My day began with Jason Russell’s interview on NBC’s Today Show. He’s an appealing and earnest guy, a San Diego-based filmmaker, whose 30-minute video about capturing Ugandan war criminal Joseph Kony has gone viral on youtube.com faster than any other video in internet history. Almost overnight, a mass movement has begun.
Russell and his nonprofit organization, Invisible Children, have launched what appears to be a highly effective internet campaign to find the infamous Ugandan war criminal Joseph Kony and bring him to trial before the International Criminal Court, where he was indicted in 2005. He and his so-called Lord’s Resistance Army (LSA) are accused of abducting thousands of children, forcing many of them to kill their own parents, and kill innocent civilians entirely on the command of Joseph Kony. He is also accused of forcing thousands of girls and women into sexual slavery during the 1990s and the early 2000s. LSA often savagely mutilated the faces of Ugandans, frequently slicing off their lips of villagers.
In just a few days, the video has attracted nearly 50 million viewers worldwide. I logged on and watched the production. I admit, I was deeply moved. Utilizing a former child solder, Jacob, who had been abducted by Kony as one of his child soldiers and forced to kill, and the filmmaker’s own son, Gavin, an extremely appealing toddler, Russell manages to pull all the heartstrings. It is an emotionally powerful story, told through a slick, Hollywood-style presentation. It includes a plan of mass movement action worthy of the best social media marketers, which includes enlisting celebrities (“culturemakers”) and “policymakers”, and a massive overnight mass action on April 20 to “make Kony famous.” (Infamous, actually.) Volunteers in cities around the world will put up posters in as many places as possible, so the larger community will wake up to find their neighborhoods covered with messages about the world’s most wanted war criminal.
[pullquote]Russell and his Invisible Children organization hope to mobilize millions of people worldwide to demand the capture of Joseph Kony, this internationally “most wanted” criminal, including support for military action.[/pullquote] Why do I have so many reservations about signing onto this Invisible Children campaign? Do I not believe this monster who wrought such bloodshed in Uganda should be brought to justice? No, of course not.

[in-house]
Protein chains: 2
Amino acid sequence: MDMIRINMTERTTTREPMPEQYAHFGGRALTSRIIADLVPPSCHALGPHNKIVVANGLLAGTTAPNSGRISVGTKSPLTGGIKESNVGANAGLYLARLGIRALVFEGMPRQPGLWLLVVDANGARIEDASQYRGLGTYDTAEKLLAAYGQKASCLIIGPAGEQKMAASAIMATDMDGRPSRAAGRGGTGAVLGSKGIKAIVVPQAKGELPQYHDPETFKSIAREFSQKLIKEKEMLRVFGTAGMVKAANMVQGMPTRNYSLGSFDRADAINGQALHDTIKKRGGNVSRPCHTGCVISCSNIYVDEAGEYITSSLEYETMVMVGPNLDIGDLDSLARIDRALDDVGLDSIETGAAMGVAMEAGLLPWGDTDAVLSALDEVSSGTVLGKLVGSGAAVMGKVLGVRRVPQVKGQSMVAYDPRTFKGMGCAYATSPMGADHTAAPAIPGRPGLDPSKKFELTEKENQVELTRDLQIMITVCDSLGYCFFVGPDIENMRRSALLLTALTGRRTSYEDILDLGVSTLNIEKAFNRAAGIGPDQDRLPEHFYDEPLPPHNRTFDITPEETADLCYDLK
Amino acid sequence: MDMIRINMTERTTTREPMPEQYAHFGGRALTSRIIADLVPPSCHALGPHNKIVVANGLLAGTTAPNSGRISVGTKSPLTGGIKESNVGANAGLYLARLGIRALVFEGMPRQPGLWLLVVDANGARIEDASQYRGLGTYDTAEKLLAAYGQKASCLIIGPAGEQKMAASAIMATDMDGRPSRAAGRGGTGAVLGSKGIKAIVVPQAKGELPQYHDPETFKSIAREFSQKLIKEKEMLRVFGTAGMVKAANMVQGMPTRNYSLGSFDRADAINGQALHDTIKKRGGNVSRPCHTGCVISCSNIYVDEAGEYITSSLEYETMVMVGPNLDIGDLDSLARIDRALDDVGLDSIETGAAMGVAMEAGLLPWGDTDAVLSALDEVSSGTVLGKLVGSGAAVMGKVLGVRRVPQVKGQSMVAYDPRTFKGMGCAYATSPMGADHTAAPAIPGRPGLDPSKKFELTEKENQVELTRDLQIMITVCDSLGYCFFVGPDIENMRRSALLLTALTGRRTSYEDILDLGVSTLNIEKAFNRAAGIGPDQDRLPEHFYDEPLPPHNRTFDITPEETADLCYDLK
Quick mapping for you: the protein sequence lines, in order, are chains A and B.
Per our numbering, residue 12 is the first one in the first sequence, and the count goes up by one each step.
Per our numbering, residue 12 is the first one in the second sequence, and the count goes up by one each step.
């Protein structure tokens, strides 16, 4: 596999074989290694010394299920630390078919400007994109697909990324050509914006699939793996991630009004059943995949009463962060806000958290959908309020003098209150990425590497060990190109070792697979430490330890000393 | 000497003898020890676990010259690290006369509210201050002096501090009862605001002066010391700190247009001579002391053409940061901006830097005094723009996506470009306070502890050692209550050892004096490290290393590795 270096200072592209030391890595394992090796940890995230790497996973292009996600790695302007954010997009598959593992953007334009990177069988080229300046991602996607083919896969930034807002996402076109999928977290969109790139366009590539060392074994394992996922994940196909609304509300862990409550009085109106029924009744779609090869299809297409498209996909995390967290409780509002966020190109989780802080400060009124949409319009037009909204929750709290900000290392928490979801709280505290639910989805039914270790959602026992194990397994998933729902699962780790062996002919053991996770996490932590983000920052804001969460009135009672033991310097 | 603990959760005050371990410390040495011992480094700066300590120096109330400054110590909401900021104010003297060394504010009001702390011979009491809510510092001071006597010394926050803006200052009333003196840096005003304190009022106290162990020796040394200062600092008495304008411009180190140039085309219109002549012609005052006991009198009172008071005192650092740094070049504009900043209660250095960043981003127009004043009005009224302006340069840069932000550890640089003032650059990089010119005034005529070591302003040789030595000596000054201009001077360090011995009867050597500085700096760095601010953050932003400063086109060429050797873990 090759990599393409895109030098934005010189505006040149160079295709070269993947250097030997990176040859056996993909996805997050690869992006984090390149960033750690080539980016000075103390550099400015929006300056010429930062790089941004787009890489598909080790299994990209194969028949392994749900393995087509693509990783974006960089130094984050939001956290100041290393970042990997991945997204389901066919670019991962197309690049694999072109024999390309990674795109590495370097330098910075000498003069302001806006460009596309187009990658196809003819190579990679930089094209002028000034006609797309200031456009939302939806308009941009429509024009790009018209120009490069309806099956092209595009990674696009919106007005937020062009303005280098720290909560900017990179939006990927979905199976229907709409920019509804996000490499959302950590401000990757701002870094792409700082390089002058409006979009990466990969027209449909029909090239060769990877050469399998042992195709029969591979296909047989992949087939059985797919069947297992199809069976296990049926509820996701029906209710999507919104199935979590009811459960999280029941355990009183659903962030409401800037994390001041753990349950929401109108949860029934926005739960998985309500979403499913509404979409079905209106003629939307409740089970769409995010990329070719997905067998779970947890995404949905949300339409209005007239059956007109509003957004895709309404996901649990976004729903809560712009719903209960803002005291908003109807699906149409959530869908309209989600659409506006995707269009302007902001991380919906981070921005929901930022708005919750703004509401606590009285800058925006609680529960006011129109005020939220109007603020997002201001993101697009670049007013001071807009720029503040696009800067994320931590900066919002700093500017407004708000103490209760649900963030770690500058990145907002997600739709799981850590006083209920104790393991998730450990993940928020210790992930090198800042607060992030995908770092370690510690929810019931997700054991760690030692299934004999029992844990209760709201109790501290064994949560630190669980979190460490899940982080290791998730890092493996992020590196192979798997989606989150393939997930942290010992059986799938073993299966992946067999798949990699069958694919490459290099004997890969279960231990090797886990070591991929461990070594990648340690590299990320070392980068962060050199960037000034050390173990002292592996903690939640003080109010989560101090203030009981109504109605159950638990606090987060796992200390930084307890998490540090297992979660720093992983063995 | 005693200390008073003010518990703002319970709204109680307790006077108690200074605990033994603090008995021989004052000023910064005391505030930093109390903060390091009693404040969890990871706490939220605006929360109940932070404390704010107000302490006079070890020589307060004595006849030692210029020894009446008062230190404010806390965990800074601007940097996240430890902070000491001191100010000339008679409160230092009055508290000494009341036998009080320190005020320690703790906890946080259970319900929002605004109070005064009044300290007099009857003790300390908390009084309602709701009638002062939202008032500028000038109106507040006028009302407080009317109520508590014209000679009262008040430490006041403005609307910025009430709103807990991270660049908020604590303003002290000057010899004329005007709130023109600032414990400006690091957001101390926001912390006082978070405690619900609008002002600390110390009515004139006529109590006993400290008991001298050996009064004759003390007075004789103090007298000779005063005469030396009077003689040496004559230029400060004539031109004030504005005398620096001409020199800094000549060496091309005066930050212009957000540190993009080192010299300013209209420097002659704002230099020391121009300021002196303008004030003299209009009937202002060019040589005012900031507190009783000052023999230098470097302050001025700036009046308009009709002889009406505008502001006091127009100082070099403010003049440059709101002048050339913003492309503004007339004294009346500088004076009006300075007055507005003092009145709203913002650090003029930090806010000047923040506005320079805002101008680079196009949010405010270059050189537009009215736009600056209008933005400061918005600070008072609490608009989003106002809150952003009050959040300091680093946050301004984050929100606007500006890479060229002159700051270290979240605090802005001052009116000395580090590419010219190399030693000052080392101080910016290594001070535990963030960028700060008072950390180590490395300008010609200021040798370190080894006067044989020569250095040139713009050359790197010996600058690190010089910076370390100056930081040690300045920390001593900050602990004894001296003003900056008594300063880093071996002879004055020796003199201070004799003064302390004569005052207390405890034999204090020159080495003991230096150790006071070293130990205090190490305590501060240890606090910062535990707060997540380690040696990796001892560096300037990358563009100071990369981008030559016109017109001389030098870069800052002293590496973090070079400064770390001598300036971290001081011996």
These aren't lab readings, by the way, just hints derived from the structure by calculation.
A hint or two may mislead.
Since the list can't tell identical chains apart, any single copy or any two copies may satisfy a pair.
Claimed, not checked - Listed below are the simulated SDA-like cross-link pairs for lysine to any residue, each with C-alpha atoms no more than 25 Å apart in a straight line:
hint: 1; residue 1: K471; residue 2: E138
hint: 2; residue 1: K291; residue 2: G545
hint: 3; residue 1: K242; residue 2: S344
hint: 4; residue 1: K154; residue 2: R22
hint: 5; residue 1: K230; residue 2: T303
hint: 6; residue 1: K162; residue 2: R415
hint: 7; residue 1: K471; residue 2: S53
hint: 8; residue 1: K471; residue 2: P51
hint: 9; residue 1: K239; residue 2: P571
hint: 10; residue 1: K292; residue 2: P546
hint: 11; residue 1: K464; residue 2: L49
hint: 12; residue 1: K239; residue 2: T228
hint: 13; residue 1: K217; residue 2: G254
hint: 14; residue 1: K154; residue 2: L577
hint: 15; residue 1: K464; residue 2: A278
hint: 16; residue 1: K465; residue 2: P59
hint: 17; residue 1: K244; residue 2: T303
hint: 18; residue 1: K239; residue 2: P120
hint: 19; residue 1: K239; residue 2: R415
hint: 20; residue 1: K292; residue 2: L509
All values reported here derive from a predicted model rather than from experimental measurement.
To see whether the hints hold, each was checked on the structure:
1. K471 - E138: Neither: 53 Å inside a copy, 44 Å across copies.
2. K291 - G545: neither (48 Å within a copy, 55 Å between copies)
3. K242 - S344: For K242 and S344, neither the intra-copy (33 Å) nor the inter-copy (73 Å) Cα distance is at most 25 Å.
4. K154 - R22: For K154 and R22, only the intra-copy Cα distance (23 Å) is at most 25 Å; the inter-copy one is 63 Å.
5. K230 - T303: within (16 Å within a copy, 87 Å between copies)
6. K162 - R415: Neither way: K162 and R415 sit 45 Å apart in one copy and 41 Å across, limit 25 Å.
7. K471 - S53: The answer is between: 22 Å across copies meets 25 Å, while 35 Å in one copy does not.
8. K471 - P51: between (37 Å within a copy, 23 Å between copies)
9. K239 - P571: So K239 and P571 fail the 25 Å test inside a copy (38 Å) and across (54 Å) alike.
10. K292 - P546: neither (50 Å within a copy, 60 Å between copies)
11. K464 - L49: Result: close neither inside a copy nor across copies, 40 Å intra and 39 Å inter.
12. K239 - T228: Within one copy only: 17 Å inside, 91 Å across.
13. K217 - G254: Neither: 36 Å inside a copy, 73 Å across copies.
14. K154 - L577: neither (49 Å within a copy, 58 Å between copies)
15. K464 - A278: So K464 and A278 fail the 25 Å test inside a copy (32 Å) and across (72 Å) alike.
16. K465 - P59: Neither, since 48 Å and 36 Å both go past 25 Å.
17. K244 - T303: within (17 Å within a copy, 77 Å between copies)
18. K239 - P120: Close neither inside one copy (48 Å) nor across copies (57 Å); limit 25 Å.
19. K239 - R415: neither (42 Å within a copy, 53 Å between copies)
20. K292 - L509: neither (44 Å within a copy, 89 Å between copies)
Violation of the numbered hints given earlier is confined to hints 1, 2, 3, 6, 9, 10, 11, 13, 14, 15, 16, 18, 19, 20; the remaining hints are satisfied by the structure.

I have several reasons.
- First, I am concerned about any mass movement which calls for military action, even if only on a limited basis. It begins to seem more like a lynch mob than a movement for justice. The memory of U.S. intervention in Iraq is too fresh in my mind.
- Second, I see little support for this movement led by Invisible Children among the non-governmental organizations (NGOs) on the ground in Uganda. They say Kony, the indicted war criminal, fled the country several years ago, changing their tactics and settling in the Democratic Republic of the Congo, and that his LSA has been reduced to 200 members or less. As horrendous as Kony’s actions were, NGOs in Uganda say the time came long ago to shift focus toward rehabilitation, restoration, reunification of displaced persons with their families, return to their homes, if possible. Many express the sentiment: this would have been a good action…ten years ago. Now, they fear, the mass movement will sap financial resources and distract public awareness away from the crying needs on the ground right now.
- Third, there is a tendency to make the search for Kony about us, not about Uganda. Several commentators have used the word “narcissism.” I’ve seen the term, “slactivism” applied to the young people who are responding to the calls for action. This seems to me to be a generationally biased accusation, diminishing the activism of younger people as a slacker form of activism. I don’t think online activism and the use of social media should be underrated or dismissed; to do so would be foolish.
- Fourth, the filmmakers are oversimplifying the politics of Africa, not so much because they depict Kony as an evil man, but because they overlook the horrific human rights abuses of the army of Uganda.
Western engagement with African nations must be undertaken with a level of sophistication and awareness of historical context. Without intending to do so, I think the filmmakers who are mobilizing the intervention run the risk of implicitly conveying the message, “Those poor Africans can’t handle anything on their own, so we must fix their problems for them.” (I hasten to add – nowhere in the video is this concept explicitly stated, nor do I believe it is a motivator of “Invisible Children” or the filmmakers. I do believe, however, that this is often an unstated element of American intervention in the affairs of African nations.)
Having said all this, I’d still encourage you to watch the video and make your own assessment. There is much to be applauded here and much to be supported. And, let’s face it, there is an international war criminal to be apprehended and brought to justice.